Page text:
On the home front, the other photo shows my reluctant child at a St. Nicholas Day brunch. She was clearly overwhelmed by this huge person in a miter and red suit and beard and refused to sit on his lap or either look at him. When I snapped this, she was about to let out a protesting screech. So much for all the money I shelled out for that event. Actually it was a cheapy brunch; it was in a local historic mansion but we got food on paper plates; the waffles were from some store-bought package and the goody bags the kids got were minimal. A day later I took her to an exhibit of cool gingerbread houses which she liked a lot better.
Things are finally percolating on the job front. Can't reveal what's up but there's some movement after all these long months. In fact today I was presented with two opportunities; the latter which showed up in my in-box later this afternoon. I spent part of my day exploring the other of these opportunities plus giving a lecture on the history of the Episcopal charismatic renewal to a class at Virginia Theological Seminary. Fortunately I'd kept a lot of old magazines, photos and conference brochures from the 1970s, ie the first Anglican charismatic event in 1978 in Canterbury, England. I passed a lot of stuff around the class show-and-tell style. One person who came to listen was Mark Dyer, the former Episcopal bishop of Bethlehem, Pa., with whom I compared notes about why so many of the communities went off the theological tracks.

Friday, November 26, 2010

Giving thanks

We spent Thanksgiving this week at the home of Canadian friends who were trying their hand at their first American Thanksgiving meal ever. The cooking was superb and I loved simply driving there and relaxing and not having to cook myself. Quelle relief.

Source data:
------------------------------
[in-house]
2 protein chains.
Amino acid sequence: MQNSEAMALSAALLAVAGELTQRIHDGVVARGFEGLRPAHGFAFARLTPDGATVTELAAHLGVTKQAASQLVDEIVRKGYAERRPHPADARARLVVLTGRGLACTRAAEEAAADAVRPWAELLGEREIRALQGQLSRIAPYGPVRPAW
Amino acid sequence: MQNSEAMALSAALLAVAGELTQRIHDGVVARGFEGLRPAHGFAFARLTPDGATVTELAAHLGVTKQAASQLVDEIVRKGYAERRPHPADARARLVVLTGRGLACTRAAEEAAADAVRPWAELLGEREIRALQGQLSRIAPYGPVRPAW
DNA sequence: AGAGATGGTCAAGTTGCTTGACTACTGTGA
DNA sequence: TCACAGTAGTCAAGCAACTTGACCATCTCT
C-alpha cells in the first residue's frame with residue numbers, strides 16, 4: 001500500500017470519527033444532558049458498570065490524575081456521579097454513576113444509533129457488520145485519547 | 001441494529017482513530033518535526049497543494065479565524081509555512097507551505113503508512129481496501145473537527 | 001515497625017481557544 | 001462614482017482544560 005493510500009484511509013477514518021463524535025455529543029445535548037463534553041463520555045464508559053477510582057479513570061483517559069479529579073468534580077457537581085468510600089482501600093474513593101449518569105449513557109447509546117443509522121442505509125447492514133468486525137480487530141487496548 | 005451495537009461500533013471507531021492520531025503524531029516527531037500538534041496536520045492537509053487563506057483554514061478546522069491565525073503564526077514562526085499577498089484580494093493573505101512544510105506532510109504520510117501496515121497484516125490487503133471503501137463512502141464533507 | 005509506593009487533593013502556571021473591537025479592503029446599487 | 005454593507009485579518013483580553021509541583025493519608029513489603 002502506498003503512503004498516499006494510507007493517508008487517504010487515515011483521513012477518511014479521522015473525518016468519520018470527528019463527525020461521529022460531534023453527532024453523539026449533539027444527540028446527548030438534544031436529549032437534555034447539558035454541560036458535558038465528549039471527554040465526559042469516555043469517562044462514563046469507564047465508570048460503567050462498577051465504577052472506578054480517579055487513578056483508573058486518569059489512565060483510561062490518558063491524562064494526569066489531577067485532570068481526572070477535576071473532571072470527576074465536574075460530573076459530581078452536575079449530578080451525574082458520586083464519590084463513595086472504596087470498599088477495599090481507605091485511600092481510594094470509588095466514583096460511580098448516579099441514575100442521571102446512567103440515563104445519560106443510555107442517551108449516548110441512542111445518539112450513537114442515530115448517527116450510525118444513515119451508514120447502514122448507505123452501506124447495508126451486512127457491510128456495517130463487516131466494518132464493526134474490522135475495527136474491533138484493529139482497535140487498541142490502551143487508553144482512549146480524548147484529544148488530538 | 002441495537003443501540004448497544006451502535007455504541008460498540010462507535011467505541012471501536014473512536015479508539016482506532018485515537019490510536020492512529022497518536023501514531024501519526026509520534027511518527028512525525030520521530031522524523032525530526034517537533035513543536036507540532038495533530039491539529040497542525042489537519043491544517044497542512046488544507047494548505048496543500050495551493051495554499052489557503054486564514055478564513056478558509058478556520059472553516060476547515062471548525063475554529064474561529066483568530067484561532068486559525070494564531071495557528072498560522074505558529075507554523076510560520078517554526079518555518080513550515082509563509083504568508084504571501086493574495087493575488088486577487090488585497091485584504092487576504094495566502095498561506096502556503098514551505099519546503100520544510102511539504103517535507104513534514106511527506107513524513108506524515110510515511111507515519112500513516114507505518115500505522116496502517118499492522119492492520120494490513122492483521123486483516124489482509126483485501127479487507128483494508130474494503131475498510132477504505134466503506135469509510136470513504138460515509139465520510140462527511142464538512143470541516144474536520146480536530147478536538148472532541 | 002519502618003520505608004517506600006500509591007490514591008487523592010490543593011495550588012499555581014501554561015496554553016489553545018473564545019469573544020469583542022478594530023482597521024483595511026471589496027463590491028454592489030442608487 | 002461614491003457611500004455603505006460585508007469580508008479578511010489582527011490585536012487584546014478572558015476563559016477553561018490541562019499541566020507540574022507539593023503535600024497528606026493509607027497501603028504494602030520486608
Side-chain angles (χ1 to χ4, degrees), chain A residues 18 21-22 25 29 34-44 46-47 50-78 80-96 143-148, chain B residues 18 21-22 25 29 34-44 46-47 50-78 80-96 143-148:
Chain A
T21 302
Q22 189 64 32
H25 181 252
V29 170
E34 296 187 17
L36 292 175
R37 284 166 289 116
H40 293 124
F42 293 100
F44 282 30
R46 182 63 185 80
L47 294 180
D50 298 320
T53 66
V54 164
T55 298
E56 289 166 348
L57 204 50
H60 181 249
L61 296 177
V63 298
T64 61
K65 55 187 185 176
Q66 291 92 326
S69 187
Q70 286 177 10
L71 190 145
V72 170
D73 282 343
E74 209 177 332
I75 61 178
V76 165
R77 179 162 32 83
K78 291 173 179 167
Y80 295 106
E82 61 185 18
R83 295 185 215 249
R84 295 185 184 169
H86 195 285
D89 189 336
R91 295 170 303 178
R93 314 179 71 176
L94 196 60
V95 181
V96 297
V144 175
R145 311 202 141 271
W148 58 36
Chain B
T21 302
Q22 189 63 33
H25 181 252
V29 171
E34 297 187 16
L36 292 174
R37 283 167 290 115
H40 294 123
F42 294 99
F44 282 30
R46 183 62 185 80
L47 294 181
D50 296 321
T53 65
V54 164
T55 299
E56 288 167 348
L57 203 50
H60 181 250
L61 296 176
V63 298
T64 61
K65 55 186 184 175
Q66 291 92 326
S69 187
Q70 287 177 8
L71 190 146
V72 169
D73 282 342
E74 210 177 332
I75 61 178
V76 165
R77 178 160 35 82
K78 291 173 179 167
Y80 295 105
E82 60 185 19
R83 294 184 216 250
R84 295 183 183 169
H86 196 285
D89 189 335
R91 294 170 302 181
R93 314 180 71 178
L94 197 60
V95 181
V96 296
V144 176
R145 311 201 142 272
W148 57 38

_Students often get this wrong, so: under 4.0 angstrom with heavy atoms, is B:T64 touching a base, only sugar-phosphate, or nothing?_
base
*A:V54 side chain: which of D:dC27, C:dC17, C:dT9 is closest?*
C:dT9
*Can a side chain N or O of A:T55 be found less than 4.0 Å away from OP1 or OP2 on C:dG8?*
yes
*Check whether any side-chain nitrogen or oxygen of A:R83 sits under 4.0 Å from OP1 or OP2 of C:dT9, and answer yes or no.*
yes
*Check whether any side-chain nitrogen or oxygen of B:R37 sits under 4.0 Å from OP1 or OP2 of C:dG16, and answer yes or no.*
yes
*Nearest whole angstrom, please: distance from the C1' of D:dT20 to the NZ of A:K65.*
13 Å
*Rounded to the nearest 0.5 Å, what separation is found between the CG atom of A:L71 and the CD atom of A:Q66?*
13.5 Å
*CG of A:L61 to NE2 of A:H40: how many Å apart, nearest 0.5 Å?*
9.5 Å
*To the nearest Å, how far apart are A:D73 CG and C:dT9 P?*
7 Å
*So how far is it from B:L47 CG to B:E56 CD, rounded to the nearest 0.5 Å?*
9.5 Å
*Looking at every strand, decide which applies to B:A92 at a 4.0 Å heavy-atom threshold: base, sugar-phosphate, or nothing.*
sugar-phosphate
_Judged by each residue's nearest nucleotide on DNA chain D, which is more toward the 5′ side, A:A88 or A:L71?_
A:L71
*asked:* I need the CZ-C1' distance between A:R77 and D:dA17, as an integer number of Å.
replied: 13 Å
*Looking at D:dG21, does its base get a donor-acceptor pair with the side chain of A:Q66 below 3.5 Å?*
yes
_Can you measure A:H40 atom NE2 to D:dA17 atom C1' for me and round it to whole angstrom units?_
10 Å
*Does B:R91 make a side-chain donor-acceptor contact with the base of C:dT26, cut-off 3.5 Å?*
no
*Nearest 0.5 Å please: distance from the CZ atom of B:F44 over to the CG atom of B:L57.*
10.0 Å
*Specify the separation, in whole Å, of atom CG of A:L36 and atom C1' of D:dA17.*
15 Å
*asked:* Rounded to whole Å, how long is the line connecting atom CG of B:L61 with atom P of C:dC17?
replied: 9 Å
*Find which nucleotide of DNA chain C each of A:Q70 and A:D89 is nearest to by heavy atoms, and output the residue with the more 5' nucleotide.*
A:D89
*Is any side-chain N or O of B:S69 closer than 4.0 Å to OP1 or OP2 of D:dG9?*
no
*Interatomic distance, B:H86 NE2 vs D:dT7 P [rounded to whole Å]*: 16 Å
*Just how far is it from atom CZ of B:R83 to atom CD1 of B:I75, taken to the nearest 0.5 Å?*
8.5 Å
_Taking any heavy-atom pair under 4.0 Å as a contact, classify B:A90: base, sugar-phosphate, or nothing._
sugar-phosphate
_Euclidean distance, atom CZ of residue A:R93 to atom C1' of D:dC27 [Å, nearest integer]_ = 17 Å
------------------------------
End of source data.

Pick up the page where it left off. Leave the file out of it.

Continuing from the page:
Every Thanksgiving morning I take out a certain blue notebook that I only write in one day a year. It's an informal Thanksgiving diary where I note all that went on the past year and what happened to give thanks for. Like, not getting laid off last December when 110 other Washington Times staffers were getting the boot. The five-month reprieve I got was vital in that I got a three-part series into the paper (in April) that I'm hoping will be a contest winner.
This is not the first time I've lost a job over the years and each time the switch has ultimately proved to my benefit which is how I hope this experience will work out. This time is the first time, however, that massive amounts of people have also been without work alongside me, plus I am quite a bit older than I was last time I jobhunted. Which is not helpful in today's job climate.
Pictured here is a photo of Veeka and I at Sun Mountain Lodge, a gorgeous resort in Winthrop, Wash. Which was one of our nicer experiences of 2010.

Wednesday, November 17, 2010

Requiem for St. Luke's

In the last day or so, news has come out that the venerable St. Luke's Episcopal Church in Seattle is splitting and that 3/4 of the parish is leaving to form a new congregation that will join up with CANA, one of the new Anglican jurisdictions hoping to supplant the US Episcopal Church. I knew of this six weeks ago when I spoke at St. Luke's one Sunday morning, then had lunch with the rector and his wife: John and Holly Roddam, at a local Thai restaurant.
It was a most enlightening repast for we compared notes about all sorts of things. I found it really odd that when I was in high school in the early 70s, St. Luke's was packed with people. John said 700 were members back then; nearly a megachurch by Episcopal standards. When I showed up there Oct. 3, there were less than 50 people there. It was a sad contrast to Mars Hill, a church barely a mile away, which has multiple branches and last I heard was at about 7,000 people. It's probably larger than that now. But 30 years ago, St. Luke's was packing them in.